using System.Web.Security;
using System.Web.UI;
using System.Web.UI.WebControls;
using System.Web.UI.WebControls.WebParts;
using System.Web.UI.HtmlControls;
using System.Collections.ObjectModel;
    public partial class _default : System.Web.UI.Page
        private Facebook.Components.FacebookService _facebookApi = new Facebook.Components.FacebookService();

        protected void Page_Load(object sender, EventArgs e)

            // ApplicationKey and Secret are acquired when you sign up for
            _facebookApi.ApplicationKey = "[YOUR KEY]";
            _facebookApi.Secret = "[YOUR SECRET KEY]";
            _facebookApi.IsDesktopApplication = false;

            string sessionKey = Session["Facebook_session_key"] as String;
            string userId = Session["Facebook_userId"] as String;

            // When the user uses the Facebook login page, the redirect back here will will have the auth_token in the query params

            string authToken = Request.QueryString["auth_token"];

            if (!String.IsNullOrEmpty(sessionKey))
                _facebookApi.SessionKey = sessionKey;
            else if (!String.IsNullOrEmpty(authToken))
                Session["Facebook_session_key"] = _facebookApi.SessionKey;
                Response.Redirect(@"" + _facebookApi.ApplicationKey + @"&v=1.0");

            if (!IsPostBack)
                // Get our list of friends
                Collection<Facebook.Entity.User> friends = _facebookApi.GetFriends();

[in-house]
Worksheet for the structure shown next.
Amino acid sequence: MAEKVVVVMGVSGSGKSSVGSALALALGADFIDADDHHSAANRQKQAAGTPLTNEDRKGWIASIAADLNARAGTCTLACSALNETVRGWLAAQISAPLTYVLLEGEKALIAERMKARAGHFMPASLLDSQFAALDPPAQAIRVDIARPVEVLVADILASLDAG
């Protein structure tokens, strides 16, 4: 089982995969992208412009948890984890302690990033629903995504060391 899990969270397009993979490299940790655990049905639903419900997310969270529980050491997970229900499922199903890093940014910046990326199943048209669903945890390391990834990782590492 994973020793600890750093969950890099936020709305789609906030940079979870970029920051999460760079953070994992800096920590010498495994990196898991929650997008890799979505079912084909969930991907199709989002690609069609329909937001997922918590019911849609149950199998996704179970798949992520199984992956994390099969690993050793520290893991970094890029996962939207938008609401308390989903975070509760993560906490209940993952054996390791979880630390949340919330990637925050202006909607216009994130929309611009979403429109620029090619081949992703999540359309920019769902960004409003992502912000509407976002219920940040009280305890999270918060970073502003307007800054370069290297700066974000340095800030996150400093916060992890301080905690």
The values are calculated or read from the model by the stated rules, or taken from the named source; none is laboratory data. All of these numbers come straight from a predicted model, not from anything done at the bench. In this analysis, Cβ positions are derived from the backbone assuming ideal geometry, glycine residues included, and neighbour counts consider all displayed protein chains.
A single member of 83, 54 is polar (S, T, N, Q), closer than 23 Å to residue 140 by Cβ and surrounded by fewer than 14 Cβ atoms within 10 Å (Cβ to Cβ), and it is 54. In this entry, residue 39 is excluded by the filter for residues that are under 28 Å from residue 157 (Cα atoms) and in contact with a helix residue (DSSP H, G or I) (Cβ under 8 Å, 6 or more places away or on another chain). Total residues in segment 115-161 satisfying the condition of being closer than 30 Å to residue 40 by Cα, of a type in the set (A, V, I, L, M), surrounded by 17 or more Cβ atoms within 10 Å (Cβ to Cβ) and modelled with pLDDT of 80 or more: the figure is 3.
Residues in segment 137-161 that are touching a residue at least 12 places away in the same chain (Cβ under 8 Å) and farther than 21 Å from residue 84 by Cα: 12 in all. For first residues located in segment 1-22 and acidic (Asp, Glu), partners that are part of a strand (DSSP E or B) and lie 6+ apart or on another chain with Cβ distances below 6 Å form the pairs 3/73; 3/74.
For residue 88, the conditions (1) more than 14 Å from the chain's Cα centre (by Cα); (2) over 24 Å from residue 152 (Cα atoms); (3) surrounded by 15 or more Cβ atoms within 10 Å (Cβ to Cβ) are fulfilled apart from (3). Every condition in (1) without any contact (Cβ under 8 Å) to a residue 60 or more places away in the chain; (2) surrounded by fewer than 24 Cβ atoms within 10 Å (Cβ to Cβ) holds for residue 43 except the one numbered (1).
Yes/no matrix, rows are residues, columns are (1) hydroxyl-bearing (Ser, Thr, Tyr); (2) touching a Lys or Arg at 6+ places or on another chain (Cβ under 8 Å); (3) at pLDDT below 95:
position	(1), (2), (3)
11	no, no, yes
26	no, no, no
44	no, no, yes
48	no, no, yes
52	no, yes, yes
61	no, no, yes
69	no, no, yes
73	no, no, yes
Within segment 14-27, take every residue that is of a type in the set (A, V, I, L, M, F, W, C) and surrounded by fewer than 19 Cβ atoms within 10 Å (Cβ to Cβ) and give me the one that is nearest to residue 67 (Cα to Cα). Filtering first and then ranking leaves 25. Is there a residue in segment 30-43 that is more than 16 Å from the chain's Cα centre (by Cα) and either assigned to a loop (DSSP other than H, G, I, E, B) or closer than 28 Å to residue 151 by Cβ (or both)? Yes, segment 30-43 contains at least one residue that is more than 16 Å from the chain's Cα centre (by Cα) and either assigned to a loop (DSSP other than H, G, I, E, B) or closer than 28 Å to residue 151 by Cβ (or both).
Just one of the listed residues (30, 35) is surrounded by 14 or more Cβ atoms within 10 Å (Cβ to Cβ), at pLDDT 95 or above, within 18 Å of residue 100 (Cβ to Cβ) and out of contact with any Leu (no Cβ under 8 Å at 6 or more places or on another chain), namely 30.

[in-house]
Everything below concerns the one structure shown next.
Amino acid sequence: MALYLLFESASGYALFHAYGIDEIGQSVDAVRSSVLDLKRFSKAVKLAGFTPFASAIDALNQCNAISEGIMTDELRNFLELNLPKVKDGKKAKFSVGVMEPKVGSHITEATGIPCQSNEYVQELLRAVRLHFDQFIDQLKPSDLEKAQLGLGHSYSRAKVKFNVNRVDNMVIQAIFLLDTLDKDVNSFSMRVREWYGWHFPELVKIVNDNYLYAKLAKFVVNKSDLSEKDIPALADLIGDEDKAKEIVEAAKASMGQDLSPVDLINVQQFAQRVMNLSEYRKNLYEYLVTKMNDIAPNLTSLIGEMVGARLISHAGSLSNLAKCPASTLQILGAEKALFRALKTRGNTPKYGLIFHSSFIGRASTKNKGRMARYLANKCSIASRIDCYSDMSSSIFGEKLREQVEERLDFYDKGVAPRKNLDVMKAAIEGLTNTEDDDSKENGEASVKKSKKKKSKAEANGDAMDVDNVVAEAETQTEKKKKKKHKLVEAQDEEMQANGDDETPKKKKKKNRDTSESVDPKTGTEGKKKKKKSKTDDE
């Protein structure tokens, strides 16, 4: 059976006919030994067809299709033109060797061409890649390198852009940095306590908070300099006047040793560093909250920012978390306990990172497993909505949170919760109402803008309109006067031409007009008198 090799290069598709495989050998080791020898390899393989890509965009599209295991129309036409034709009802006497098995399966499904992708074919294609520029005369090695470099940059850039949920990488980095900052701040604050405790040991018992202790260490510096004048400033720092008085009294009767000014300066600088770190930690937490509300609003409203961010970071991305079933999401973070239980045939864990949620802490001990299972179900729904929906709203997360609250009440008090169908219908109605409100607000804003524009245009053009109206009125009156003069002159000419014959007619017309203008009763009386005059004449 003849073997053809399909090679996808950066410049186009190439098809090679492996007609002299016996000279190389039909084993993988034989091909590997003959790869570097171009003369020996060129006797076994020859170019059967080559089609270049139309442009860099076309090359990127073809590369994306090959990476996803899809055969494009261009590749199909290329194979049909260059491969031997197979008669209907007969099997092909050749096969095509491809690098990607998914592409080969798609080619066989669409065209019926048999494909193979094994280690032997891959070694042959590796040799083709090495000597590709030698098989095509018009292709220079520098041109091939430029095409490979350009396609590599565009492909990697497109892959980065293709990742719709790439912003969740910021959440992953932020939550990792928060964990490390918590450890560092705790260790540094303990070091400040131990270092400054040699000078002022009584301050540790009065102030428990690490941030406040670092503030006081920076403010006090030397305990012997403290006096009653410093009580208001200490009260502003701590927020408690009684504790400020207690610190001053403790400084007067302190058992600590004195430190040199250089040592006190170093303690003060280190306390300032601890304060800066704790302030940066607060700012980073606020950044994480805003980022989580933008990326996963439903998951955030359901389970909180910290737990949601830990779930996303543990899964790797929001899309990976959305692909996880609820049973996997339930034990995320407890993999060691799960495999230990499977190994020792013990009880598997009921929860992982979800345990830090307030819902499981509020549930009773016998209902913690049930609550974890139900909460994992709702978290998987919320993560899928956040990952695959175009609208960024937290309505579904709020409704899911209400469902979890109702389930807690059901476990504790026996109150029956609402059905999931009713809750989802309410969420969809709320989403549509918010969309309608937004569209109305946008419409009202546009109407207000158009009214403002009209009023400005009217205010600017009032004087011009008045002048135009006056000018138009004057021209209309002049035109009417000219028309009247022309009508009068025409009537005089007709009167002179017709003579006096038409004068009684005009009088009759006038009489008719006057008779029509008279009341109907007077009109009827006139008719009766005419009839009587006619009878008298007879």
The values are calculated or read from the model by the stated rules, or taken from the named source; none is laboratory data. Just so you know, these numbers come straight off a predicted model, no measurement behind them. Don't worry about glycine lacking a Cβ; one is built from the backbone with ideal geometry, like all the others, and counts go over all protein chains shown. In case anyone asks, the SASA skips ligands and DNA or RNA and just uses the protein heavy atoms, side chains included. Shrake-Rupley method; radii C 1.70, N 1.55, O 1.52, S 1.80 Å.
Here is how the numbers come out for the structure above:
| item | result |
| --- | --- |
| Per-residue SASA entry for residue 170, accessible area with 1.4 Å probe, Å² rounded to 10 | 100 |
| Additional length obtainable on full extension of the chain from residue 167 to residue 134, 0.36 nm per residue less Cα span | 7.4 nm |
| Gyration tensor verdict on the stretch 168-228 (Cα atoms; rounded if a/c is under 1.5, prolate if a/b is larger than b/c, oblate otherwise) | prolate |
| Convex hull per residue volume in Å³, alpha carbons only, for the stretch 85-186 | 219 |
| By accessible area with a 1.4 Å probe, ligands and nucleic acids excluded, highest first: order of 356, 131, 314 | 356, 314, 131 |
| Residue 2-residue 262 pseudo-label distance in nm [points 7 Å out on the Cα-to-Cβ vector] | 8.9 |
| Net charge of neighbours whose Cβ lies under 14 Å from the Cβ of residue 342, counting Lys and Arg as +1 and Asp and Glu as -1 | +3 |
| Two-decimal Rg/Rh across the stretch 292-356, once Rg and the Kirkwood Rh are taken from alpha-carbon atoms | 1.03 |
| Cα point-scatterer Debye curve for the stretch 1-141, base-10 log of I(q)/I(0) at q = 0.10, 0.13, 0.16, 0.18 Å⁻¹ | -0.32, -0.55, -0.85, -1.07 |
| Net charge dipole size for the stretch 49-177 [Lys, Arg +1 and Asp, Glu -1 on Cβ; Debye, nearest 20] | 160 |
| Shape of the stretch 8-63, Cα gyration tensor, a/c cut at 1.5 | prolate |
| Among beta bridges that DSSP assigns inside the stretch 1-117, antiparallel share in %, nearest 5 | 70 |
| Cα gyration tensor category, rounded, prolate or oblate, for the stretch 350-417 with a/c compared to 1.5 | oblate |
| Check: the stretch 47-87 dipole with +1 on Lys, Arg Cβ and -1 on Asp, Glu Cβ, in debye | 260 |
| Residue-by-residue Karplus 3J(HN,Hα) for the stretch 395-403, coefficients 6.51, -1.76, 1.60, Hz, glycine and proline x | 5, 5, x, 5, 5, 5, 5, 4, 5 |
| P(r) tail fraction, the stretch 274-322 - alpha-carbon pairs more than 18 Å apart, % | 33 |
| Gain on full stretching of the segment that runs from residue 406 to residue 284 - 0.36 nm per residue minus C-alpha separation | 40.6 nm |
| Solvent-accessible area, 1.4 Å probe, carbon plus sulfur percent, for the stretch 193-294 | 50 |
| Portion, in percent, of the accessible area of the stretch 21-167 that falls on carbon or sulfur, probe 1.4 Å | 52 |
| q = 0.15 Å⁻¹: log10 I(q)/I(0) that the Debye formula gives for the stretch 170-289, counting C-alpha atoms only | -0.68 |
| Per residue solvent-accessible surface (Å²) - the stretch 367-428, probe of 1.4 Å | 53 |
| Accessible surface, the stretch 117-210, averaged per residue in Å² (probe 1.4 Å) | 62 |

//bind our repeater
                friendList.DataSource = friends;

The basics here should be clear. You set your application and secret keys, and then your basically good to go! The Facebook.Components.FacebookService class provides access to the current user, and if they aren't logged in you can bounce them to the Facebook login screen.

To go live with your project, simply move the code to a public server, change your callback url in the application settings page within Facebook and select the 'add application to directory' check box on that same page.

Now that you have the user authenticated, and access to their friends list, the sky is the limit. We chose to store user keys in our database for customizations which we simply did using their Facebook ID.

In Conclusion

In practice I found the Facebook API to be very usable, and there were no unexpected hurdles to work around. We did have an occasional user authentication error, which may have been caused by having mutliple users logged in on the same machine, but this was an edge case.

In all, I wouldn't hesitate to recommend the platform as an extension of an existing business giving a low-cost, low-risk entry into the seemingly persistent world of Social Networking Applications. However, I would hesitate before putting serious development into a FBML application, or anything that specifically required Facebook, for the same reasons I wouldn't want to own a million dollar application that only ran in Friendster, or any of the other Social Networking sites that had their time in the sun.